Northwest Biotherapeutics' previous fundraising effort raised $27m (EUR19m) which funded an ongoing Phase III study of it dendritic cell-based vaccine, DCVax, in 312 patients with newly diagnosed Glioblastoma multiforme (GBM).
CEO Linda Powers told BioPharma-Reporter the new funding will “greatly expand production capacity” and will help the company to contract out manufacturing to Cognate Bioservices to supply the whole European market.
She explained that the plan is to increase capacity to support early access programs in the US and Europe, as well as commercialization if the vaccine goes on to win regulatory approval.
The DCVax production process has changed considerably since the technology was first developed according to Powers, who explained that 10 years ago it took about five months to manufacture product whereas today it takes just eight days to make a batch which provides between three and five years of doses per patient.
“Each dose is put in separate vials and frozen,” and the company has already validated the shelf life and potency of the frozen doses with regulators, she said.
This is the big difference “between us and Provenge [which is manufactured by Denderon] – when they do a run, they only produce one month of treatment for that patient,” she added.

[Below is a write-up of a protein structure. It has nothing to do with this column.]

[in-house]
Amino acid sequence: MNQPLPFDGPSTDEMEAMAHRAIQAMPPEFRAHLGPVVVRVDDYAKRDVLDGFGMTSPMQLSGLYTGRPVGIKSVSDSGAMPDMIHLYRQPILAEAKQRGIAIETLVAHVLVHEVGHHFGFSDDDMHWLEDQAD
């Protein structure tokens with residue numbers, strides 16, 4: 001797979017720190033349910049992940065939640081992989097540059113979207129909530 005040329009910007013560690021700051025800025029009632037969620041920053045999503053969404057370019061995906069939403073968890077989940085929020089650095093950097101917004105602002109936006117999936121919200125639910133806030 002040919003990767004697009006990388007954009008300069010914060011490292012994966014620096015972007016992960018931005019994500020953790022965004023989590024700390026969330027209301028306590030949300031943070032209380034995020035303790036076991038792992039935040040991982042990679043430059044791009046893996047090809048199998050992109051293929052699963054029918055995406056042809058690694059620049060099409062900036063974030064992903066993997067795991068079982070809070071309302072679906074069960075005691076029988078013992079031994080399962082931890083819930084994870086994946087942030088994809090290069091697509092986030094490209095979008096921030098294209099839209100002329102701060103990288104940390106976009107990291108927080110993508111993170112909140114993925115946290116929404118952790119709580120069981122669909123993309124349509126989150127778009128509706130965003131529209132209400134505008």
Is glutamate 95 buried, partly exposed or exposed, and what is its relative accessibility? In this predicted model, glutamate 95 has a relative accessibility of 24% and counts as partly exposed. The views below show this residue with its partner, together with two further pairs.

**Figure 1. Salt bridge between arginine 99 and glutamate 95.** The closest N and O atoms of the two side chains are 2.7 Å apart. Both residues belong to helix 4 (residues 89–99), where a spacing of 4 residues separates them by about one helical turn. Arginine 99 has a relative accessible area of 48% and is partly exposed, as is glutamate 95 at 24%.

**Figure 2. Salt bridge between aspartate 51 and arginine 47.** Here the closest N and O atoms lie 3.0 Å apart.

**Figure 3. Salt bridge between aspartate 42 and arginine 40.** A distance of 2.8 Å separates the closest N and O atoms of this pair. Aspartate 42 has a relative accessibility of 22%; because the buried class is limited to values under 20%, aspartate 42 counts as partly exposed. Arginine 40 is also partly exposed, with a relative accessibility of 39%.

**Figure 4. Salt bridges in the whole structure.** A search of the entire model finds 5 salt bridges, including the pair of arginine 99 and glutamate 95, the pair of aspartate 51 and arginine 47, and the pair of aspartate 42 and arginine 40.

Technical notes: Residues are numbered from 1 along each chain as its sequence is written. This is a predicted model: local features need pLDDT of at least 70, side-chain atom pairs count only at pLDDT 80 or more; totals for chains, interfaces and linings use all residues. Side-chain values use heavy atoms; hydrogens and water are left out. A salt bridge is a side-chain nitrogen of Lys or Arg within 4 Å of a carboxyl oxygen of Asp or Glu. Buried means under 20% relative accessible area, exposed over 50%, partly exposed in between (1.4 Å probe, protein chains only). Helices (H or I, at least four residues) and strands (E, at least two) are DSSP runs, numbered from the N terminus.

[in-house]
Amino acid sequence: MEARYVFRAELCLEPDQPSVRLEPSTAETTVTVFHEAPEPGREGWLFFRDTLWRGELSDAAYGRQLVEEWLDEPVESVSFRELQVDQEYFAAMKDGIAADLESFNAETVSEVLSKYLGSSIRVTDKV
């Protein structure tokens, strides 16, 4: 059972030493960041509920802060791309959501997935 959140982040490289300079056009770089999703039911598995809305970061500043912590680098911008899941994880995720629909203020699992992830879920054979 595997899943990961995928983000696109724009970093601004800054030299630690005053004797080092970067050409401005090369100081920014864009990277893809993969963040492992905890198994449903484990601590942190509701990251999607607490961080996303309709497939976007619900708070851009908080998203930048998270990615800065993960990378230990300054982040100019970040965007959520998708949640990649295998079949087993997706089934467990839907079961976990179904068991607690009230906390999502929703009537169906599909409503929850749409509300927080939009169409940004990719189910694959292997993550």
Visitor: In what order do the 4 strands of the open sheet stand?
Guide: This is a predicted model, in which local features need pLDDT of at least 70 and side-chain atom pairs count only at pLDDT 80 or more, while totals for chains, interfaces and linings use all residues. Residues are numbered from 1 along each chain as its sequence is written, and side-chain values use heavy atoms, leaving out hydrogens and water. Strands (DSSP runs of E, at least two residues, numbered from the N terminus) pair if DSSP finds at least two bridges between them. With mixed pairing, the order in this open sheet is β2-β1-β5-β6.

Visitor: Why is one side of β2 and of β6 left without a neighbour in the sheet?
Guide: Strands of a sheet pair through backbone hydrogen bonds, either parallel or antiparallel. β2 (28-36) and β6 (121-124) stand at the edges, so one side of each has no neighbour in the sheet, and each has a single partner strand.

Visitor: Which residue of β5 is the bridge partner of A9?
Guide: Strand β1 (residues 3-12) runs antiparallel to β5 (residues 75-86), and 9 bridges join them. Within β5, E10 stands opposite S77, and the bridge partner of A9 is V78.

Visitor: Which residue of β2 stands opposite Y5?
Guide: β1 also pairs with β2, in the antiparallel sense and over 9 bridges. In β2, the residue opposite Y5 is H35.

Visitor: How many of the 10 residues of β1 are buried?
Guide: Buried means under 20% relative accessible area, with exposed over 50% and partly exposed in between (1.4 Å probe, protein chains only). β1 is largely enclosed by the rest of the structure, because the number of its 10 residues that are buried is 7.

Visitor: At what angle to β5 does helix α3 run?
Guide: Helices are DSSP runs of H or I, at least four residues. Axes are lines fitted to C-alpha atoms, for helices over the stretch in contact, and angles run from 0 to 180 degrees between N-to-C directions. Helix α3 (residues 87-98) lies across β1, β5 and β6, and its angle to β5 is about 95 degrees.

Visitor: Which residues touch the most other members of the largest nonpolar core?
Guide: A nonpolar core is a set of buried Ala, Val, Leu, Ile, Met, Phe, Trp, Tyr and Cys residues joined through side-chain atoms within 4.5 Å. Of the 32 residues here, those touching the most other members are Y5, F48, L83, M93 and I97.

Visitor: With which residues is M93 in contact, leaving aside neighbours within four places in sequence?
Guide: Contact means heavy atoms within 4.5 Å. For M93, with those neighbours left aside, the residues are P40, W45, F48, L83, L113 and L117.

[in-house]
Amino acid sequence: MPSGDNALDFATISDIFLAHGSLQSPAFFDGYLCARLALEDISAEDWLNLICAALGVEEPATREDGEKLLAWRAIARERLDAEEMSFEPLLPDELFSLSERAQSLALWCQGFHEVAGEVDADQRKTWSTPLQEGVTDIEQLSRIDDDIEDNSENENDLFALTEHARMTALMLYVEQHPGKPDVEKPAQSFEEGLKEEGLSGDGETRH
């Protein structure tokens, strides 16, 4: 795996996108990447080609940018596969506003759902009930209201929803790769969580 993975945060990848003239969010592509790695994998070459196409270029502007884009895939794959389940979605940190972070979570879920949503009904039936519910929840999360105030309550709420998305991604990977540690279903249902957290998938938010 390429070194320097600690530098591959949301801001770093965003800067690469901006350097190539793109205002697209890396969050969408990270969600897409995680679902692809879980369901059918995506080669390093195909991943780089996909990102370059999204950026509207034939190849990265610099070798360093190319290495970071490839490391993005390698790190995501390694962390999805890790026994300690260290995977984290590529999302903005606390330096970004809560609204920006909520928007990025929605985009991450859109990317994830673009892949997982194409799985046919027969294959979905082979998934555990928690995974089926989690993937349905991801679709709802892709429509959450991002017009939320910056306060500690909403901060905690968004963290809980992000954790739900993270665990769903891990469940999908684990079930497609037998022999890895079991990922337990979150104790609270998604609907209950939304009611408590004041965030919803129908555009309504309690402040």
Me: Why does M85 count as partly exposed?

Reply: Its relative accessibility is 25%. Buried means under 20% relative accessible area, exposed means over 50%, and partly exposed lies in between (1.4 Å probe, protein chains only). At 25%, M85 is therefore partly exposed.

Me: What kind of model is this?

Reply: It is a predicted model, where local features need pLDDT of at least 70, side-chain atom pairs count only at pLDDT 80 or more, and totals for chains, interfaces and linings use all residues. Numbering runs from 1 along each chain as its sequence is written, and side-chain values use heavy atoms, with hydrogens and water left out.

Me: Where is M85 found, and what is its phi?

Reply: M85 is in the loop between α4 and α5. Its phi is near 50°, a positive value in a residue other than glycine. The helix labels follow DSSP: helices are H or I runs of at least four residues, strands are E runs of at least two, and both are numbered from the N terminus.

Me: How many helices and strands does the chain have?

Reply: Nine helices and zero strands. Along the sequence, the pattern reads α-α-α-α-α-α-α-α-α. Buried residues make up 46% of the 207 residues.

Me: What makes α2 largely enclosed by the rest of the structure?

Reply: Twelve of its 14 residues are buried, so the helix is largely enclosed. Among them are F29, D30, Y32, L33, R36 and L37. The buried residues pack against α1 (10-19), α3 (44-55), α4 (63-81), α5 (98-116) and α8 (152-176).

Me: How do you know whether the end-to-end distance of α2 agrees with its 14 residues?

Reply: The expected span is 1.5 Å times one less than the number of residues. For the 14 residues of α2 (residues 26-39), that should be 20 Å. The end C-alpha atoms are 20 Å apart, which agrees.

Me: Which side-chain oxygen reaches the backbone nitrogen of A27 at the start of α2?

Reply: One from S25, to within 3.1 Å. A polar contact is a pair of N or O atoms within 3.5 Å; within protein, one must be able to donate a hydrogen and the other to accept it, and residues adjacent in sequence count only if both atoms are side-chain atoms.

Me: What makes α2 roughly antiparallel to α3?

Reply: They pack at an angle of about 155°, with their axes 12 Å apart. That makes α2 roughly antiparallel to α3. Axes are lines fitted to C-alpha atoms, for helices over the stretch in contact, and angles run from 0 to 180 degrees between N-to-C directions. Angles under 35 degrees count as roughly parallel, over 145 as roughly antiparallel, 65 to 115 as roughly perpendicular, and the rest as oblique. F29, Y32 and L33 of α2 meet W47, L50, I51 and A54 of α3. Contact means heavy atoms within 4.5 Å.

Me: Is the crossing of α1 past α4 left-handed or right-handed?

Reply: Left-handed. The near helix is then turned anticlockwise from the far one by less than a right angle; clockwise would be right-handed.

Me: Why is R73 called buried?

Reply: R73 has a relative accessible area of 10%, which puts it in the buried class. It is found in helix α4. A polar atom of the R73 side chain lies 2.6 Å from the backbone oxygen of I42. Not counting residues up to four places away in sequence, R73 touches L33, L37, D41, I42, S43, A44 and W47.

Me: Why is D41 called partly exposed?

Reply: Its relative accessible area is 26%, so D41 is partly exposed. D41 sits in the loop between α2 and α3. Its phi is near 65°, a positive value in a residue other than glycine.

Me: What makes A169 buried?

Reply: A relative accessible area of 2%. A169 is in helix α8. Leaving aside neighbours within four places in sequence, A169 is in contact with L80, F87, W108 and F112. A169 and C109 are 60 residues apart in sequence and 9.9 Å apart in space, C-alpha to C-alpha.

She also said the company already has established manufacturing elsewhere in Germany with Fraunhofer IZI, as well as through a partnership with King’s College in the UK.
“Today it’s a smooth manufacturing process after a decade of honing the manufacturing technology for this,” Powers said.
GBM is the most aggressive and lethal form of brain cancer, and is considered an “orphan disease.”
The Phase III trial, which has sparked some negative media for having a primary endpoint of progression free survival, is being run at 50 sites in the US, as well as in England and the company is about to start in Germany after being approved by the regulator there.
Powers explained that the progression free survival endpoint does not fall short of FDA's approval standards for therapies addressing newly diagnosed GBM patients. She noted that the company only has to show a six month difference between treatment and standard of care arms of the trial, which is significantly less than the nearly 1.5 years survival that the company showed in its Phase I/II study.
The company is also conducting a 60-patient Phase I/II trial with DCVax-Direct for all inoperable solid tumors cancers, with a primary efficacy endpoint of tumor regression. NW Bio previously received clearance from the FDA for a 612-patient Phase III trial in prostate cancer.